The centre of the team, is of course the accident victim. In addition, there are a variety of rehabilitation professionals who will work with the accident victim to optimize their health and assist in recovery. The exact makeup of the rehabilitation team varies, as it will be tailored to the individual needs of the accident victim and the severity of the injury. Here in Ontario, the makeup of the rehabilitation team will also be catered based on the funding available for rehabilitation. Sometimes, the funding for the rehabilitation team is covered by OHIP. Other times, funding for the team will not be covered by OHIP, or only small parts of the therapy will be covered. In such a case, the accident victim and their family may have to pay for the rehabilitation costs out of their own pocket. Other times, there may be coverage available through a health insurance policy through work with a company like Manulife, Great West Life, or Standard Life. Other times, car insurance will cover a portion of rehabilitation costs, or all of them depending of the severity of the injury. For non-catastrophic car accident cases, car insurance will cover medical and rehabilitative costs up to $50,000. This benefit amount increases to $1,000,000 for catastrophic car accident cases.

It’s important to note that when dealing with car insurance to pay for the cost of rehabilitation, which is not covered by OHIP, the car insurance company will only pay for costs and expenses which they themselves deem to be “reasonable and necessary”. Of course, it’s not very profitable for the car insurance company to pay out every cost on the claim, no matter how serious or devastating the injury. Insurance companies don’t get as rich as they do by paying out each and every claim. They tend to challenge and deny many rehabilitation costs. They will refer accident victims for medical examinations with their own hand-picked experts who are paid by the insurance companies for conducting the assessments. I doesn’t take a personal injury lawyer to tell you that these assessments will come back stating that the proposed treatment for the accident victim is neither reasonable nor necessary. In order to challenge the findings from the insurance doctors, your lawyer will need to apply for mediation with the Financial Services Commission of Ontario (FSCO). Unfortunately, there is a large backlog at FSCO, so the wait time for mediations can take over a year! We here at Goldfinger Injury Lawyers recognize that this wait time is completely unreasonable. It’s not fair for accident victims to have to wait over a year to get the treatment which they deserve. There’s nothing we can do to change the law, or how the government system works. We can however sue if your mediation is not heard within 90 days. The Courts have ruled that the mediation is deemed to have failed if it’s not heard within that timeframe. But this still doesn’t help the accident victim get the treatment which they need in order to recover.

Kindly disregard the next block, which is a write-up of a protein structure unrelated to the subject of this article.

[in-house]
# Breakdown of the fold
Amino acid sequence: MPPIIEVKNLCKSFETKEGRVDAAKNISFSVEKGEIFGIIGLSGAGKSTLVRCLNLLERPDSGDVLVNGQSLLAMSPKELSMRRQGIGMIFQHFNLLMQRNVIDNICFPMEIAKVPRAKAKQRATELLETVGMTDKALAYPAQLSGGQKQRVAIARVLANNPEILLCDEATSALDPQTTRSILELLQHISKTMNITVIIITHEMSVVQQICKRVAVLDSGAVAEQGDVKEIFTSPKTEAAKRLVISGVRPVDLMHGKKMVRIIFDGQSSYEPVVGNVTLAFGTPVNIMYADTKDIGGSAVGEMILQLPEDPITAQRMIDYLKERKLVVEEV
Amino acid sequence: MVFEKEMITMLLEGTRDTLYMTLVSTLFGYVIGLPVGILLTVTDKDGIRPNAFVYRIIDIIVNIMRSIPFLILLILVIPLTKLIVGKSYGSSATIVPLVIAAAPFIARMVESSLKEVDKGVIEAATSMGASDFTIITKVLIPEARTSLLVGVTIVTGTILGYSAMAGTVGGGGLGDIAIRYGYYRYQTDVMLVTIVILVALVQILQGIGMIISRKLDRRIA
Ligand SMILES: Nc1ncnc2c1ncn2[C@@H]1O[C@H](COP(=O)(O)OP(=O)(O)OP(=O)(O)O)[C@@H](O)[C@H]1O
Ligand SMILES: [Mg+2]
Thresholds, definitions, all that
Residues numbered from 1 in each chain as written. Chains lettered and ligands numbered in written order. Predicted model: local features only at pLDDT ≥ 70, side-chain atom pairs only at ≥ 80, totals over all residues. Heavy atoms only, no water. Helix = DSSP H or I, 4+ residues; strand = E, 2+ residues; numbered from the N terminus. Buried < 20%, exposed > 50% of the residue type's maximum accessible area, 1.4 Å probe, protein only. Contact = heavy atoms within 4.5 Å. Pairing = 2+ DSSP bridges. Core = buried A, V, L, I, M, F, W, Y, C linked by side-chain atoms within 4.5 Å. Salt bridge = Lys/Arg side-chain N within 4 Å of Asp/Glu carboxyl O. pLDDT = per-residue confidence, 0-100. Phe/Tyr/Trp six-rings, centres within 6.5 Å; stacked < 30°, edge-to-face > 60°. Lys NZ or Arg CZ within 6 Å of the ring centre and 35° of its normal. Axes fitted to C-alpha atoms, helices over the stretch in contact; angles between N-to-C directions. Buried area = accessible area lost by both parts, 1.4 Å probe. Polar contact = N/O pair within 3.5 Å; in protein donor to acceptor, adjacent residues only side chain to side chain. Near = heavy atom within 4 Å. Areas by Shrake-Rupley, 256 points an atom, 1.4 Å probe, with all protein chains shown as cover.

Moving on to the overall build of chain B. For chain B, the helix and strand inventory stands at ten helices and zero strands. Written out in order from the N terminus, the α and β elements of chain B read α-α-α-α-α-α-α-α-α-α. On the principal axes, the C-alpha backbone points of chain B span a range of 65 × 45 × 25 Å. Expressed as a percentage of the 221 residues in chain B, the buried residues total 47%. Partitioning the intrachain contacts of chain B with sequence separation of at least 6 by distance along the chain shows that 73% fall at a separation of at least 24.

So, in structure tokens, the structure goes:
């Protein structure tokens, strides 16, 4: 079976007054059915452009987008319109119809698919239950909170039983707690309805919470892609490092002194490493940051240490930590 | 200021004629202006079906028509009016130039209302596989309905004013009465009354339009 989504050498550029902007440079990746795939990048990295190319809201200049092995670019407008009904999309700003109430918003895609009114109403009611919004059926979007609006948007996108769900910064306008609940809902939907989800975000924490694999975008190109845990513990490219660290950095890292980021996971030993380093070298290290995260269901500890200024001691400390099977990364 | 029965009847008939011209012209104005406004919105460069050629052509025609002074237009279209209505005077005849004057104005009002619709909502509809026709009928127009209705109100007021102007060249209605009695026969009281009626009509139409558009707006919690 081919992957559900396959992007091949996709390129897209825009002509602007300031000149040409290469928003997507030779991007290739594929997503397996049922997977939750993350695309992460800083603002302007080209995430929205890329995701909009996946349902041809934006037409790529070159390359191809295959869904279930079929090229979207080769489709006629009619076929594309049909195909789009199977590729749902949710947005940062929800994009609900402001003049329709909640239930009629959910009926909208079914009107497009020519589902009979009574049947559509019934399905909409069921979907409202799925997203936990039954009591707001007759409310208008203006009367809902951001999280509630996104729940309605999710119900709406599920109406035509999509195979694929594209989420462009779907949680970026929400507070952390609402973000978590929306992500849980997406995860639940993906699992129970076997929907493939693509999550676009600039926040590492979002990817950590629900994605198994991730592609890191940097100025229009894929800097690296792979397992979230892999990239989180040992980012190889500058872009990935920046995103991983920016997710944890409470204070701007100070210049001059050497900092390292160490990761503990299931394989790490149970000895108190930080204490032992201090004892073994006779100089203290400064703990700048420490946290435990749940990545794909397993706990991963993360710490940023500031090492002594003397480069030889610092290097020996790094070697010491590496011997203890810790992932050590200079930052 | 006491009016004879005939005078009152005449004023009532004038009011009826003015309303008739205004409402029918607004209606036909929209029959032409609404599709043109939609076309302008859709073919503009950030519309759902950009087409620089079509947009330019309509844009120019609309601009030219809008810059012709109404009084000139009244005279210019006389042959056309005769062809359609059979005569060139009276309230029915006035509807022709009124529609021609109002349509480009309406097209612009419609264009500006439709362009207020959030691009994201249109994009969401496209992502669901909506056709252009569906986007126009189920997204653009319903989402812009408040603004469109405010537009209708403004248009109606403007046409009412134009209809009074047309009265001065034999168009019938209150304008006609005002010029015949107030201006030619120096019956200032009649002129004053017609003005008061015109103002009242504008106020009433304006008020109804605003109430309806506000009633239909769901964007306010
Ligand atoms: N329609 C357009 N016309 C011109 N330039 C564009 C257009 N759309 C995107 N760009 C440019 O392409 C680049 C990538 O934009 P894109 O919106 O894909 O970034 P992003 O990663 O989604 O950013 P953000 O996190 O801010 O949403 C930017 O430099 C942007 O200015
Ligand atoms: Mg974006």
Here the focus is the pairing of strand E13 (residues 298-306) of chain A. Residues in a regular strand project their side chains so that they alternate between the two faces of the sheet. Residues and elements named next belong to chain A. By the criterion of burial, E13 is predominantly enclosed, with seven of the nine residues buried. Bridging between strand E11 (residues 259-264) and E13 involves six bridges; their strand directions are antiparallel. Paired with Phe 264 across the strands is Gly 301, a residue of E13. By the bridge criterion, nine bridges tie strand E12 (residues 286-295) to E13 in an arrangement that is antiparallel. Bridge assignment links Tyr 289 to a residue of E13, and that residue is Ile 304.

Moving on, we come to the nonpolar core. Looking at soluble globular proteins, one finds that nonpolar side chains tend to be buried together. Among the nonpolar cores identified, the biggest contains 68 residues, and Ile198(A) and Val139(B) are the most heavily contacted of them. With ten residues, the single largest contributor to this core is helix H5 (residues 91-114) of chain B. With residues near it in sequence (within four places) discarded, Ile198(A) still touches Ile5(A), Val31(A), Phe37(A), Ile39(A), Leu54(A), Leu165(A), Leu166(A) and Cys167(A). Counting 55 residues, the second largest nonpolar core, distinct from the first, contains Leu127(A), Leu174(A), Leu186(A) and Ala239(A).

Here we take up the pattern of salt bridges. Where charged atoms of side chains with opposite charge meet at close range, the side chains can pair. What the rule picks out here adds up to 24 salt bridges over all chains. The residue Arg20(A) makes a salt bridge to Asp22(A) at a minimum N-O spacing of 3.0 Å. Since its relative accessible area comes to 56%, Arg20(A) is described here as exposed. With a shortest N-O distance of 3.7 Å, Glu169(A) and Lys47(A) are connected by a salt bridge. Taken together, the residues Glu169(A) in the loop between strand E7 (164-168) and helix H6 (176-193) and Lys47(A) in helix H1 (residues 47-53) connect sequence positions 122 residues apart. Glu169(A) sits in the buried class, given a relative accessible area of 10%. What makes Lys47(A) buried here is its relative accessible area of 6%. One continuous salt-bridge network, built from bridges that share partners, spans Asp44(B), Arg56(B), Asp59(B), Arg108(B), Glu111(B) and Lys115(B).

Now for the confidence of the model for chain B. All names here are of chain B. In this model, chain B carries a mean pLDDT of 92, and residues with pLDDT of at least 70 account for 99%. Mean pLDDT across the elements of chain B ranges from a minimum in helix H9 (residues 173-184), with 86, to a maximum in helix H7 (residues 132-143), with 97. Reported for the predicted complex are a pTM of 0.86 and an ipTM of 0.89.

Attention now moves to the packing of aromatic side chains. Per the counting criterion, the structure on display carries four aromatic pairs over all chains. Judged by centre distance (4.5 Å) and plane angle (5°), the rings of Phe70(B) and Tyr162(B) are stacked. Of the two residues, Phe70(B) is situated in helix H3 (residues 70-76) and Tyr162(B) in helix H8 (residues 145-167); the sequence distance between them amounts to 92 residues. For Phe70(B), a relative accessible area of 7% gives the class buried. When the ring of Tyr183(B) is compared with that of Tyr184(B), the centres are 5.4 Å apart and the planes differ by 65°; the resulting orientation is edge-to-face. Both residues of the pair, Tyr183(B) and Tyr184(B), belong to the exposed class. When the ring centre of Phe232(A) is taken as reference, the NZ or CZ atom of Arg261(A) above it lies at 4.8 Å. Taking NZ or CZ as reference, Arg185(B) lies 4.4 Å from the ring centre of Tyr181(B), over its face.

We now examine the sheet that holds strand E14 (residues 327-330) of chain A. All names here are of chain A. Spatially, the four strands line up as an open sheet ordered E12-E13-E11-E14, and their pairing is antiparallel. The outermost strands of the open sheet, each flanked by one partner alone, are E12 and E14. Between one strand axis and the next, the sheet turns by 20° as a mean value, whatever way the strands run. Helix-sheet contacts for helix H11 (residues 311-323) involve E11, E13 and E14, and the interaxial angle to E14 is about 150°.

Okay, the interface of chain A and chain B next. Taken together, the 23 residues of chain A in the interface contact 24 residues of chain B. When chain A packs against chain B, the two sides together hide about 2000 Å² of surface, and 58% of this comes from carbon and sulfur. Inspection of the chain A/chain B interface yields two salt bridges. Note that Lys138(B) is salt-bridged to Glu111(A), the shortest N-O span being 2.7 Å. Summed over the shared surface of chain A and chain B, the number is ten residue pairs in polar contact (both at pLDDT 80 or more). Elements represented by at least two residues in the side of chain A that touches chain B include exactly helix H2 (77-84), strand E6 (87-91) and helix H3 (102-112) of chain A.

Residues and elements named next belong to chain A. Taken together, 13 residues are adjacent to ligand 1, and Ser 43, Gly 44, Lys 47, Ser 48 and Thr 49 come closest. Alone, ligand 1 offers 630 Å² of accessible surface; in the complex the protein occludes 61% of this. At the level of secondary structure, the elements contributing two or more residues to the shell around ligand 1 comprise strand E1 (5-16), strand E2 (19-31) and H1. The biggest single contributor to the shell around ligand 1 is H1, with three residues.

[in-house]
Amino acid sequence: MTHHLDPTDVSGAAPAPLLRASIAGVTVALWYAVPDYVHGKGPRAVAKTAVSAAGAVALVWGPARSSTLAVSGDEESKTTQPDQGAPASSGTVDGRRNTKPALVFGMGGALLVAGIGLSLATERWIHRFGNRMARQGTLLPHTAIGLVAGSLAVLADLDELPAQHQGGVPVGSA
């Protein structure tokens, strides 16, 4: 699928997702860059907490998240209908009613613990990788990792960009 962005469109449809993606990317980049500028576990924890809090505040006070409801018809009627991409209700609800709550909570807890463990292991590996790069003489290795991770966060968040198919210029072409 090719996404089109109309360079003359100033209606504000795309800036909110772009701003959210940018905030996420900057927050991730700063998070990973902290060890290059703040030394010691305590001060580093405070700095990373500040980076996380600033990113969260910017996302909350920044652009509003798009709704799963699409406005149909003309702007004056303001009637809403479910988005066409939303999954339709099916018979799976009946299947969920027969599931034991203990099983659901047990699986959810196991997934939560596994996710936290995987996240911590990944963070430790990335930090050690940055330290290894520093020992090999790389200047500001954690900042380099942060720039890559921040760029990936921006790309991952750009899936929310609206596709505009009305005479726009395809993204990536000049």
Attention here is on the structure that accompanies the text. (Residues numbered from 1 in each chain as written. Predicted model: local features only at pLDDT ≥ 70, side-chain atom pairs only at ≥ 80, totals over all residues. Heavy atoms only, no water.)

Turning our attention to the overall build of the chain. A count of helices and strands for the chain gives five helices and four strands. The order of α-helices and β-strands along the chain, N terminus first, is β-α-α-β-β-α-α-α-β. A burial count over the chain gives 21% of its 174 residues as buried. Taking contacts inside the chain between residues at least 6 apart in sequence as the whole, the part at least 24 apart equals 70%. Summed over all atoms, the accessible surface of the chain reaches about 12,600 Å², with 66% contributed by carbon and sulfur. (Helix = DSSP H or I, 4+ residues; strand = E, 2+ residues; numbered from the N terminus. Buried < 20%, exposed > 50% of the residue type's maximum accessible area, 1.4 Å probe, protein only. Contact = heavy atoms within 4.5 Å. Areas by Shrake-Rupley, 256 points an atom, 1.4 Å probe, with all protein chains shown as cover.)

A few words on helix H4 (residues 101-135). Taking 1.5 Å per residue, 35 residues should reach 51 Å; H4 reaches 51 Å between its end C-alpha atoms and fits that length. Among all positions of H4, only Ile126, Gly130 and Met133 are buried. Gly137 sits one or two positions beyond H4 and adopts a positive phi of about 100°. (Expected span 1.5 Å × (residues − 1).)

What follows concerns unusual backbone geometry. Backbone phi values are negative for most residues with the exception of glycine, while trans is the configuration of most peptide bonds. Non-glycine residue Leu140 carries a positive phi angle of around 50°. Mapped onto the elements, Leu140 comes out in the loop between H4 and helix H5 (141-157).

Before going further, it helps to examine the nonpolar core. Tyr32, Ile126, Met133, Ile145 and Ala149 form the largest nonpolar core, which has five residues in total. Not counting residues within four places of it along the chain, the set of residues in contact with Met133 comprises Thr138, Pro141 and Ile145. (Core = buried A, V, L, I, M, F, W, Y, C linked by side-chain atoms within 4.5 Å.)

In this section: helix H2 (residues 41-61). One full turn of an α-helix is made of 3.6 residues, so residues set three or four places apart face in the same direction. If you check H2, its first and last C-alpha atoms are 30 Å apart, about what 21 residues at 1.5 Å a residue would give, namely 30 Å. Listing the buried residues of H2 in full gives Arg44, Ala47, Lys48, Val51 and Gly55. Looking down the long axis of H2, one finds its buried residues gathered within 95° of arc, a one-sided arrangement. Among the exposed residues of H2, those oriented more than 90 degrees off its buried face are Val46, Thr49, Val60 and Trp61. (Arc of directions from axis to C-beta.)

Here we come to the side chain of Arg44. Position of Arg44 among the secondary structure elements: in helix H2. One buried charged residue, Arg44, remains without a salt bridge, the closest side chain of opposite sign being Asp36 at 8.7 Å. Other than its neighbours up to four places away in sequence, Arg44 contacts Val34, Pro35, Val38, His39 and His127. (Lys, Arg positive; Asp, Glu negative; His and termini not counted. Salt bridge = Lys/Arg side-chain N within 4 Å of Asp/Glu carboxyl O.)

The other parts of the brain injury rehabilitation team

Other rehabilitation professionals which might interact with the accident victim following a brain injury include, but are not limited to:

  • Doctors/Physicians like a neurologist, neuropsychologist, neurosurgeon, orthopedic surgeon, psychiatrist or psychologist
  • Nurses (Critical Care, ER, Neuro Cognitive)
  • Nutritionist or dietician
  • Speech Language Pathologist (to work on optimizing communication and learning/memory strategies)
  • Occupational Therapist (to help re-learn how to use parts of the body and brain together, feeding skills, grooming skills and other activities of daily living)
  • Physiotherapist (to help regain mobility)
  • Social Worker (to help the accident victim and their family adjust and cope following the accident; and to help the family explore options and resources through insurance or the government)
  • Rehab Coach (works closely with the occupational therapist and the physiotherapist)
  • Personal Injury Lawyer (to get you the treatment and compensation which you deserve following the accident which caused the brain injury)

As the accident victim progresses, and recovers, the needs of the accident victim change. With these changes in needs comes a change in the rehabilitation team. Some team members are seen more frequently, or less frequently than others. Again, this all depends on the nature of the injury, the person’s comfort level and the funding available.